Mozambique has been awarded a $6m loan from the World Bank and the Food and Agriculture Organization (FAO) to halt the rapid pace of deforestation.
The agreement adds to the $47m Mozambique Forest Investment Project (MozFIP), which was recently approved by the World Bank to help combat deforestation in the country and create alternative livelihoods for rural communities.
“Mozambique’s forests can be a significant source of income and a key contributor to the national economy,” said Xavier Sakambuera, national director of forests for the Ministry of Environment, Land and Rural Development.
“They can generate benefits to the global community by harbouring unique and threatened habitats and by stocking billions of tons of CO2.”
Andre Aquino, senior natural resources management specialist at the World Bank, said: “Mozambique has engaged in several reforms in the past two years, and has taken some bold actions.”
The export of logs was banned, he said. “An independent law enforcement agency was created to oversee forests and seize illegal logs to be publicly auctioned or used for school desks and chairs.”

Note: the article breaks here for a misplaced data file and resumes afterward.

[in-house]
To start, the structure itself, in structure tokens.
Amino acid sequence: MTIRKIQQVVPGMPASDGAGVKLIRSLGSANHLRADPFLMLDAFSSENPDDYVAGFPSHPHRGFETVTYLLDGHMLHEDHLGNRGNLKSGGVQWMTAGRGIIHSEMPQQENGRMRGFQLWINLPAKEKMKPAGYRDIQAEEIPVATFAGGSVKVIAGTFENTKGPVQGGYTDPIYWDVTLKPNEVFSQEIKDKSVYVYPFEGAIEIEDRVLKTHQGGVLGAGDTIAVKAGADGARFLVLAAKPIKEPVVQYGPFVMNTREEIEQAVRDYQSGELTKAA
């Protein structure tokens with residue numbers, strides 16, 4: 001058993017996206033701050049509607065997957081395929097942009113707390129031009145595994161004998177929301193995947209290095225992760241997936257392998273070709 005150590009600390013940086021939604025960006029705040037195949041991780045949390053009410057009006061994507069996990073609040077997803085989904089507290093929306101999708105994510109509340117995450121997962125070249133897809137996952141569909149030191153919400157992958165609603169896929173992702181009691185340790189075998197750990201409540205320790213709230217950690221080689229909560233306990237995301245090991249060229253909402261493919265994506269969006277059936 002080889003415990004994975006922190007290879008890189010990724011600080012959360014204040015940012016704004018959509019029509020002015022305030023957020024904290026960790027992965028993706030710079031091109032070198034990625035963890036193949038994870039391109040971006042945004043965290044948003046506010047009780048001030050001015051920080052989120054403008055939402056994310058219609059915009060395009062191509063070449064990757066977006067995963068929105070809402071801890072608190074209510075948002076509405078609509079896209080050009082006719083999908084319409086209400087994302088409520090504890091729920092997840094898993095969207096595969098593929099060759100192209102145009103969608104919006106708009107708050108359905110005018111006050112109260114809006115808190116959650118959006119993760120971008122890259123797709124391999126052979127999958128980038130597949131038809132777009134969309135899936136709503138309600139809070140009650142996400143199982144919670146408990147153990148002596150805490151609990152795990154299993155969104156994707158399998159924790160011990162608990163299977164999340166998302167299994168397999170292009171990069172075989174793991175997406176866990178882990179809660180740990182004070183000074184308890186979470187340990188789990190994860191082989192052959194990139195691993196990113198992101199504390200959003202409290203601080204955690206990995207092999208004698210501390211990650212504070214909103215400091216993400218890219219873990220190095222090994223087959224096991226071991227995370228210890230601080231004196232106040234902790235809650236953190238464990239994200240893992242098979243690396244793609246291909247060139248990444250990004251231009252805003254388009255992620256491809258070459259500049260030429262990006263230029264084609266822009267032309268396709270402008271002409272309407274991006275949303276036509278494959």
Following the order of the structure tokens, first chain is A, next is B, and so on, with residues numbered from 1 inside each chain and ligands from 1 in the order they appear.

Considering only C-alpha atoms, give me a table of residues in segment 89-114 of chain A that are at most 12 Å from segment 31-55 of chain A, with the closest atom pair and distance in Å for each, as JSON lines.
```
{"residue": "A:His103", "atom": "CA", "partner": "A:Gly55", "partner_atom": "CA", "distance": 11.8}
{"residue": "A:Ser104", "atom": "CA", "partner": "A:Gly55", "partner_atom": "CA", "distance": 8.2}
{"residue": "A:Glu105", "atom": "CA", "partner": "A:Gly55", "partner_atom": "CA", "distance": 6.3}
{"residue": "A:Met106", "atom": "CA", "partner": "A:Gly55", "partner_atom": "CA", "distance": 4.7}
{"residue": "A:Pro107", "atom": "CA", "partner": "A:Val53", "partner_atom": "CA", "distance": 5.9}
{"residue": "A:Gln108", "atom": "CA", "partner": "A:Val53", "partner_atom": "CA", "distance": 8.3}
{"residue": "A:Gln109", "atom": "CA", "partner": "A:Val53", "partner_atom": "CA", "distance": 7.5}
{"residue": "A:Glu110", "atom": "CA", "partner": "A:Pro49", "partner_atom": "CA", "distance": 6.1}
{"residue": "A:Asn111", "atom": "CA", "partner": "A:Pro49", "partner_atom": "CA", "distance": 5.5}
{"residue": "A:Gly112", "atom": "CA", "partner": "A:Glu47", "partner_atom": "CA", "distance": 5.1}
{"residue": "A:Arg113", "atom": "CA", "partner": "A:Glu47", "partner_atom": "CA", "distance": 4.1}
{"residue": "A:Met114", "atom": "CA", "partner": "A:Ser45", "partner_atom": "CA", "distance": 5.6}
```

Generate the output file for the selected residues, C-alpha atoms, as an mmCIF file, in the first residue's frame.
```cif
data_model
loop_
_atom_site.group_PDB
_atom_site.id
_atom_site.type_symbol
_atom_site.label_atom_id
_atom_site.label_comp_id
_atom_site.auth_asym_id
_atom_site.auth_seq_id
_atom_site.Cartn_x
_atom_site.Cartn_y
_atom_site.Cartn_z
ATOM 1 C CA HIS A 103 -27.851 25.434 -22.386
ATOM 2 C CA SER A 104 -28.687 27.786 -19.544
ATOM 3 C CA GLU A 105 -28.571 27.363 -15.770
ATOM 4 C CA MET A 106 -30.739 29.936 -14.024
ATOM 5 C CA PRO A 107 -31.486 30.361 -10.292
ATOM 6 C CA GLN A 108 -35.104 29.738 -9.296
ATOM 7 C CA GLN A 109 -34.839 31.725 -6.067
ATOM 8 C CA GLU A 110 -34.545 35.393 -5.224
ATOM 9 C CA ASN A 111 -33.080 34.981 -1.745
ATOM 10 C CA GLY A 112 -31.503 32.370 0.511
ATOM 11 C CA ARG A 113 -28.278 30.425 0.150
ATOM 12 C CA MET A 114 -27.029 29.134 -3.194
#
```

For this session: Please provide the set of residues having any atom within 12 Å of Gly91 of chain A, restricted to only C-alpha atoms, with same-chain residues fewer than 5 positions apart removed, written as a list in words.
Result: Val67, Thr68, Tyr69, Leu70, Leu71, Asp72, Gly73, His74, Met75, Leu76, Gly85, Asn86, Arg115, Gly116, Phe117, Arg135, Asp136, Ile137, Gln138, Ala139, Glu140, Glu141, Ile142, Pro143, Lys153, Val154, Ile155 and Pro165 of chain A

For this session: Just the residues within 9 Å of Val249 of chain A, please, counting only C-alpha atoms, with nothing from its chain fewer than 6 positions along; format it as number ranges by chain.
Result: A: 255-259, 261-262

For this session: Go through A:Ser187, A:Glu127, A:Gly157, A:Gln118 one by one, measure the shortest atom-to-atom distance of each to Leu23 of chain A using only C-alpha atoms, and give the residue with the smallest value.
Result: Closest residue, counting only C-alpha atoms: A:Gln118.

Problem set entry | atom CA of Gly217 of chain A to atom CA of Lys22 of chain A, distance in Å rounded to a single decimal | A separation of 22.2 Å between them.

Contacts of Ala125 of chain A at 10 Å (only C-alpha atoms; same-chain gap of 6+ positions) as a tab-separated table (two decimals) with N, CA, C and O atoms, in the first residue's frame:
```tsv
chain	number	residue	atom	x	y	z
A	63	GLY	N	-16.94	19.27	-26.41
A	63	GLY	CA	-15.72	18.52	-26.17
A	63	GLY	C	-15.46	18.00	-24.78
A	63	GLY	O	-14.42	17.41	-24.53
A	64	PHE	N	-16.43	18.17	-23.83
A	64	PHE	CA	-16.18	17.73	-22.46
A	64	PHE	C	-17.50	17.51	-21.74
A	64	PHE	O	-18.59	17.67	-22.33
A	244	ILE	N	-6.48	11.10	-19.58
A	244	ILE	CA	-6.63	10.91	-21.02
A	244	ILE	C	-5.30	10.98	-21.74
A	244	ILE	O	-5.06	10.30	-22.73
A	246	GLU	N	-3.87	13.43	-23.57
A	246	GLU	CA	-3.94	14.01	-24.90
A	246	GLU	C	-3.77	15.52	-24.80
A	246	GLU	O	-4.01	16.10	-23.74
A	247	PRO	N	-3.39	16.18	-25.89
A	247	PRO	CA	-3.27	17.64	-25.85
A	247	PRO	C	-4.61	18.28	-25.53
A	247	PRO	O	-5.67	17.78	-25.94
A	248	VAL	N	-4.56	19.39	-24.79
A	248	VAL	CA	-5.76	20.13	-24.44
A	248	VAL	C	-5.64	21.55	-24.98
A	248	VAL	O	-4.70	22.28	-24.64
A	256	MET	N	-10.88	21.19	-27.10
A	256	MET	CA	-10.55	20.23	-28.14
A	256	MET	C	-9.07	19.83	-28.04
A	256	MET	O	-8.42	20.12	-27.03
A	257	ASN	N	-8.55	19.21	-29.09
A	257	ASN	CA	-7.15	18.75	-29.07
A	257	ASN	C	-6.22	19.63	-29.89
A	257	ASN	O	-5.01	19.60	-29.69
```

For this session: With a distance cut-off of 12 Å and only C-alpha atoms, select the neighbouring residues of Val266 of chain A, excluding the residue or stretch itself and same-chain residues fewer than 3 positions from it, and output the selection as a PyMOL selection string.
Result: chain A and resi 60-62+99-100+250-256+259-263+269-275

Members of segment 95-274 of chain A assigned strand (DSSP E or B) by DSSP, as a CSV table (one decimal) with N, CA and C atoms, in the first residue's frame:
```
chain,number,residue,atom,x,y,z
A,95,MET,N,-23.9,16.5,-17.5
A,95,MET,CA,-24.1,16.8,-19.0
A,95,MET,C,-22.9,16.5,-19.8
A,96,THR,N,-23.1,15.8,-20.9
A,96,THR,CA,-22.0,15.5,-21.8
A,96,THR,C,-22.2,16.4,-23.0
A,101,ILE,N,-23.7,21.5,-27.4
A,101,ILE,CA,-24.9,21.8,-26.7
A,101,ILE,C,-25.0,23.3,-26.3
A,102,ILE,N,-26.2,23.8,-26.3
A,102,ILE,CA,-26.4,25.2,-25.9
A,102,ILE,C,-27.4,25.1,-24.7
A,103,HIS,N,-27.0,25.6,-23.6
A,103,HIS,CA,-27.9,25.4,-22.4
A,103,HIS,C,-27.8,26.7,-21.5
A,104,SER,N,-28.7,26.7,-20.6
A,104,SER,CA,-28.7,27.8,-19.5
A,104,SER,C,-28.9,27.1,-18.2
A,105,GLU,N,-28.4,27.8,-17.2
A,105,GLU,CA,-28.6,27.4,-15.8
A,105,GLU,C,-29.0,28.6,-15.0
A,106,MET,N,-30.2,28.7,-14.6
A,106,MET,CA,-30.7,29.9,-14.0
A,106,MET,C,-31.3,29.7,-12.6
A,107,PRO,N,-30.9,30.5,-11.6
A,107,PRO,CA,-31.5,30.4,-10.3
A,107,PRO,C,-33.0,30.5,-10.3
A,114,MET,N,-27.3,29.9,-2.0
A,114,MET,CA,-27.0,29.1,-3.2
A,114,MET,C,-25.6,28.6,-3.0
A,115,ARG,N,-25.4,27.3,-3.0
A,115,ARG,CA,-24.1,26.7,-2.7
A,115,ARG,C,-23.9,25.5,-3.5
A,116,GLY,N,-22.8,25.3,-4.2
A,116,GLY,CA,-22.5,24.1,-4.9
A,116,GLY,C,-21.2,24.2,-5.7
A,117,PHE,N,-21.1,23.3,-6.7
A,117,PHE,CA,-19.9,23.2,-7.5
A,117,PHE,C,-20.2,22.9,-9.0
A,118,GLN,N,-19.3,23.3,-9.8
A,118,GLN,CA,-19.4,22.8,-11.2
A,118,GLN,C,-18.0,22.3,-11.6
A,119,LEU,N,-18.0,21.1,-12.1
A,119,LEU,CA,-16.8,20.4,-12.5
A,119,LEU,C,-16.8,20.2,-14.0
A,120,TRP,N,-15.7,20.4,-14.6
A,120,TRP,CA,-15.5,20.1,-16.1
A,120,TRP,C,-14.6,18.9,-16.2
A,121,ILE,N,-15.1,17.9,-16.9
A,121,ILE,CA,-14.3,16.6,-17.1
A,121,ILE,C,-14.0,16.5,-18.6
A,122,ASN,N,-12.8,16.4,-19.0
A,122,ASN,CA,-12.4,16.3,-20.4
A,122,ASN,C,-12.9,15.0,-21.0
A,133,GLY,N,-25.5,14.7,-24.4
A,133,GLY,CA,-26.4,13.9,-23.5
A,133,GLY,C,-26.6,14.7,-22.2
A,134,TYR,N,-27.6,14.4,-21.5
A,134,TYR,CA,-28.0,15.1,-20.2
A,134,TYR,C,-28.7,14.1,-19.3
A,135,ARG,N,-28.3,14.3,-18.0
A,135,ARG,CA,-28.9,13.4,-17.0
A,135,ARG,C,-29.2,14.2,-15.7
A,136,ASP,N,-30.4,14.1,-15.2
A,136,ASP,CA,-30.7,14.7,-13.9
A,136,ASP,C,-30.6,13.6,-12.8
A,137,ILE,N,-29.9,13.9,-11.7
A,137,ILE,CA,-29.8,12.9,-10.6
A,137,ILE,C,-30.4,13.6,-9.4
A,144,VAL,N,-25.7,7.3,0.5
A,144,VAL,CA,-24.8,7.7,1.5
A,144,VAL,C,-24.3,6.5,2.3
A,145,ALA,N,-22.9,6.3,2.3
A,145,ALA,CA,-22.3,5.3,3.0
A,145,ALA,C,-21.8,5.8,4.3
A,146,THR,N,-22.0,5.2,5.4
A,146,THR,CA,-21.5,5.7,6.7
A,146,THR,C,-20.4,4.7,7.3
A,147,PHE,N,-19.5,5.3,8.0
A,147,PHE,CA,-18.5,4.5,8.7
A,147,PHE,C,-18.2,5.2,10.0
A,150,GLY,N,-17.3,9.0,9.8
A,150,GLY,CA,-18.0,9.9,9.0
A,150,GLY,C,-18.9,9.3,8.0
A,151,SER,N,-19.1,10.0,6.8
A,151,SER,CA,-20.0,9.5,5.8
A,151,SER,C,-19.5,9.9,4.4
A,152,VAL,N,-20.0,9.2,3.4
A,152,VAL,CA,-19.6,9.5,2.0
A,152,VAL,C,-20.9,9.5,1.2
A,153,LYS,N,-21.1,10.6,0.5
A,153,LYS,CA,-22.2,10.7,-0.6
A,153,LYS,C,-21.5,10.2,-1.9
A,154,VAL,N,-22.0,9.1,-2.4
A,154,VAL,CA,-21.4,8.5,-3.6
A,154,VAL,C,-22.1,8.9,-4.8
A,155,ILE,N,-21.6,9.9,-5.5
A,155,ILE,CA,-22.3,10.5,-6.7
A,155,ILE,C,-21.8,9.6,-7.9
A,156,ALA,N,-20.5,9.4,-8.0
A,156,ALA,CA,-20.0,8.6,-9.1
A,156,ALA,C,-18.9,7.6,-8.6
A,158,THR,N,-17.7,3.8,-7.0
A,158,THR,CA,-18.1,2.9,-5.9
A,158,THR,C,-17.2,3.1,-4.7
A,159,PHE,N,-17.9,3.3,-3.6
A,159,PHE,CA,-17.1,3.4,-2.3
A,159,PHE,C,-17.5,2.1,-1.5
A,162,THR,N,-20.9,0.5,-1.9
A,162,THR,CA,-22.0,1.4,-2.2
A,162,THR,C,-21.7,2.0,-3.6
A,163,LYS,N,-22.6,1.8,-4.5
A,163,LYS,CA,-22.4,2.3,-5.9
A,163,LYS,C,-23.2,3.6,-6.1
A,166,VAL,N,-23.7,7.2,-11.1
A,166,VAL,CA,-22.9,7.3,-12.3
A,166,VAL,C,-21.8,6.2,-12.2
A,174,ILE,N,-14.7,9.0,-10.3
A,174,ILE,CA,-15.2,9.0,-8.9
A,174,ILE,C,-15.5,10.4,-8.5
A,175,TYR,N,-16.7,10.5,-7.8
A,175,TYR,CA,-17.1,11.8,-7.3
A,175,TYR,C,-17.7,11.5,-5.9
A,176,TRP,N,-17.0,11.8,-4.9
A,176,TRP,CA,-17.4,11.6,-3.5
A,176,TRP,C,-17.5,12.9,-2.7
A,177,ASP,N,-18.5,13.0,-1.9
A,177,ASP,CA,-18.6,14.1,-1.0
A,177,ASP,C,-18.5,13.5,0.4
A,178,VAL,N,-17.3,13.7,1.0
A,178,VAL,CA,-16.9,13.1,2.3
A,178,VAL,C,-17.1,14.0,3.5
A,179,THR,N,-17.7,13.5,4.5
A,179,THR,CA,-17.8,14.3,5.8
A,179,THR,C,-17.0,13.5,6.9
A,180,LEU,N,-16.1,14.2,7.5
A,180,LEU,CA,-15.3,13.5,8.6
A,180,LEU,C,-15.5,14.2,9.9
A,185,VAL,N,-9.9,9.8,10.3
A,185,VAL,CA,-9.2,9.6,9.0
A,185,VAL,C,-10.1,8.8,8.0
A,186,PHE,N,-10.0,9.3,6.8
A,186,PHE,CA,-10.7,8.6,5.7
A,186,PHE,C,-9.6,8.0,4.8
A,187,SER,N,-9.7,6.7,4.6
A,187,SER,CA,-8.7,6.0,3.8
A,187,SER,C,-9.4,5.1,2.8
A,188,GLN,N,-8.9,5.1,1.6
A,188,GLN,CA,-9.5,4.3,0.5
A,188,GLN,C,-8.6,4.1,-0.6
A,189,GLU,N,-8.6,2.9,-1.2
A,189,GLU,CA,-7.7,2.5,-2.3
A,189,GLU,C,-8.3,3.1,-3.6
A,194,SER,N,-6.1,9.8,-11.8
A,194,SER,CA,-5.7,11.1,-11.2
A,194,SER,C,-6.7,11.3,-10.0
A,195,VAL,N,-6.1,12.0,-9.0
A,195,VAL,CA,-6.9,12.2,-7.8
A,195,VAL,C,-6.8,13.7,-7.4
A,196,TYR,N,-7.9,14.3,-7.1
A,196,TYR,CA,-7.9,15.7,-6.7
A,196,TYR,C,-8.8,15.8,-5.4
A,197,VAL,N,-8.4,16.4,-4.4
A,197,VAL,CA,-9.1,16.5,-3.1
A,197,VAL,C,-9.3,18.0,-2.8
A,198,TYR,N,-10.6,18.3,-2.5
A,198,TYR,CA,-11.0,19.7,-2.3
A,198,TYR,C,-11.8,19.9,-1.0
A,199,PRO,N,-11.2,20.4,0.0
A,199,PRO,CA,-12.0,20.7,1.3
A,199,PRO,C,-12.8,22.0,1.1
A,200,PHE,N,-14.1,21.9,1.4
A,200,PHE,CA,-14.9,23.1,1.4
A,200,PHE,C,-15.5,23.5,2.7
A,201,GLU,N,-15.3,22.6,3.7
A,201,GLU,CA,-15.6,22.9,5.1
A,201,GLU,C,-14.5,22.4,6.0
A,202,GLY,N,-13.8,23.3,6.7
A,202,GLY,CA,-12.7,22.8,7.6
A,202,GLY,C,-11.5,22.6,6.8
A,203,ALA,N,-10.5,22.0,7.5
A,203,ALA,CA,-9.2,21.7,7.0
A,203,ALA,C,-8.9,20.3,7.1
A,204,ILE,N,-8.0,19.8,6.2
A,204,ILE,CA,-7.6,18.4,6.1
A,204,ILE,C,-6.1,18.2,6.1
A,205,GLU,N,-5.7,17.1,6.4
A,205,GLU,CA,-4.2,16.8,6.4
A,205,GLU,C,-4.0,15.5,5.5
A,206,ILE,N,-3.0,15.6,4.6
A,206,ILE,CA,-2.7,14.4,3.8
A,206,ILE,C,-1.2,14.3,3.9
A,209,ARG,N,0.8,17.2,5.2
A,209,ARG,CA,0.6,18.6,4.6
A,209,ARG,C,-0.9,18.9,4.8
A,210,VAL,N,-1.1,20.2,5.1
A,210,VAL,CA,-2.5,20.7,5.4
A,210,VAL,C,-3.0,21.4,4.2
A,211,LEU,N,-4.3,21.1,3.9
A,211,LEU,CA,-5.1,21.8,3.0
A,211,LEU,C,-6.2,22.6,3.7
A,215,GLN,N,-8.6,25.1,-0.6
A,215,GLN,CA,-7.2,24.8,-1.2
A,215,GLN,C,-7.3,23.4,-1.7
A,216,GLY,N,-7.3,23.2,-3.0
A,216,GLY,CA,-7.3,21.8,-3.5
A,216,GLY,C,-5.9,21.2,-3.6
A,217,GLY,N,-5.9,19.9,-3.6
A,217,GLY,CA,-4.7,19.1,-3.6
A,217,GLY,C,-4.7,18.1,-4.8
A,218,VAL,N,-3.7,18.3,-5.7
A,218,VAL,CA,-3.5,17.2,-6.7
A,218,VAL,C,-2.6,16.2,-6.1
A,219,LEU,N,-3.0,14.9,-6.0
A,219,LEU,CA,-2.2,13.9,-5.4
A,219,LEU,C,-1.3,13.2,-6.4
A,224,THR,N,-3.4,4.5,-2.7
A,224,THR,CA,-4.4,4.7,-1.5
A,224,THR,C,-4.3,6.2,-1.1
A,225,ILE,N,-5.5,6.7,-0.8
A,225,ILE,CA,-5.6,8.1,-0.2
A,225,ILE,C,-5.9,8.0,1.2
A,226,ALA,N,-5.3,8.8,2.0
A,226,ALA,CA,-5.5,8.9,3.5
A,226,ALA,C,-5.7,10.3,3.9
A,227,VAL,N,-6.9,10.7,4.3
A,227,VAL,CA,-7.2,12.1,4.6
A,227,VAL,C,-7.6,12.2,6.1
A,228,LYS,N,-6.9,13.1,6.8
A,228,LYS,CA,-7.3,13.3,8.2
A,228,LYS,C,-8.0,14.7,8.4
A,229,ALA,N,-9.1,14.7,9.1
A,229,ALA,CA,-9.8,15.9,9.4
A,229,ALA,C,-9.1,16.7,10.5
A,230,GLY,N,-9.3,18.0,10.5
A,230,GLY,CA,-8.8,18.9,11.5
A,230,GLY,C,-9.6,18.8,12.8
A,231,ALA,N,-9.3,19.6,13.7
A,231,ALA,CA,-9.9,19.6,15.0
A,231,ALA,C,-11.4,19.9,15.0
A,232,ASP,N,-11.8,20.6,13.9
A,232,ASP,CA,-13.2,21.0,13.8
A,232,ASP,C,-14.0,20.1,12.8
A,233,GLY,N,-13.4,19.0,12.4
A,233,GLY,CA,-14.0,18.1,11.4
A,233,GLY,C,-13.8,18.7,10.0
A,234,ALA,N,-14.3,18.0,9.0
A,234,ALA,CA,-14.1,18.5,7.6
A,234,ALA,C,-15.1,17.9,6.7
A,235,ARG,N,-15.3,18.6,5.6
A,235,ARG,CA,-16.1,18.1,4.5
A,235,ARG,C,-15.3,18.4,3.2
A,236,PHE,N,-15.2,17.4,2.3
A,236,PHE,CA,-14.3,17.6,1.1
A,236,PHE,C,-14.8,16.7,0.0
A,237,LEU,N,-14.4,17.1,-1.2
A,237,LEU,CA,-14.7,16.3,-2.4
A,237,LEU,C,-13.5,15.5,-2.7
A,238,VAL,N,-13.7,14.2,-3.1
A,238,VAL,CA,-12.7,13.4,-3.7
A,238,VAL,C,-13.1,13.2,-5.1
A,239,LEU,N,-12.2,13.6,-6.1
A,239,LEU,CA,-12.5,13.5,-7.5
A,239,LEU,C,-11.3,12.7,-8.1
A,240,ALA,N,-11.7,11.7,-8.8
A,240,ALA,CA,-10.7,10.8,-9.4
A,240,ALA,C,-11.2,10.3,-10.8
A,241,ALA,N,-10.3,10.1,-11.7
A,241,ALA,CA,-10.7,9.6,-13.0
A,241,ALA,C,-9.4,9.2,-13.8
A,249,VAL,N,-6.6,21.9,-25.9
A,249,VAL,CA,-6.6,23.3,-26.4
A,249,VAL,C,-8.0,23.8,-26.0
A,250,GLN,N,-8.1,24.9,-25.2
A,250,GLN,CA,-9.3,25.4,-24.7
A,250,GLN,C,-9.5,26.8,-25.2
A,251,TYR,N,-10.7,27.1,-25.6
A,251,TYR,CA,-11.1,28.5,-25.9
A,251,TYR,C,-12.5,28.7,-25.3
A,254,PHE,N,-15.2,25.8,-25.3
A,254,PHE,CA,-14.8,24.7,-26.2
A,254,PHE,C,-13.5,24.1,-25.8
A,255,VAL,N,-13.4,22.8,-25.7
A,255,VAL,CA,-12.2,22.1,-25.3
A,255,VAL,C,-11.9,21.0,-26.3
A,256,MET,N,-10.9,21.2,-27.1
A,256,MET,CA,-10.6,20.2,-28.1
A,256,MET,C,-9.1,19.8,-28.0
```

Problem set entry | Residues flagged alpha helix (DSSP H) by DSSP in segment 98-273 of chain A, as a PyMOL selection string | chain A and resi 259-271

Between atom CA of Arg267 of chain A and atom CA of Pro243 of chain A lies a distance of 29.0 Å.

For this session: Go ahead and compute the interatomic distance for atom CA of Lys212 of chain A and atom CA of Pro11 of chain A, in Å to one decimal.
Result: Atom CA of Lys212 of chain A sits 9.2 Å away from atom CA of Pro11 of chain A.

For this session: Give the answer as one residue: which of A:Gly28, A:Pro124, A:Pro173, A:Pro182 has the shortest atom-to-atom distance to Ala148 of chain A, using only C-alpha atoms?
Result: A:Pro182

Incentives, such as certification giving access to new international markets and higher prices, were proposed to local enterprises promoting the sustainable use of forest assets.
However, a lack of technology, such as high-resolution satellite imaging to aid forest management, has created a barrier to implementing these reforms, according to the World Bank.
The organisations will collaborate on a project that will include preparing a 20-year forest vision, a geo-referenced forest information system, and a review of forest concessions.
China has been accused of playing a key role in Mozambique’s deforestation. Environmental research organisation IIED said in 2014 that Mozambique was Africa’s biggest timber exporter to China. Between two and four times the sustainable level of the main commercial types of wood was being harvested in the country, it said.
A report by the non-profit Environmental Investigation Agency (EIA) said that 93% of logging in Mozambique during 2013 was illegal. A further 93% of these illegal harvests went to China.
“The staggering level of illegal logging and timber smuggling for the Chinese market has put harvesting volumes way beyond sustainable levels, despite claims to the contrary by Mozambican officials,” said EIA forest campaigner Jago Wadley. “If the excessive focus on just a handful of commercial timber species continues, commercial stocks will be largely depleted during the next 15 years.”
The NGO said illegal logging had deprived Mozambique of $146m in lost tax revenues since 200.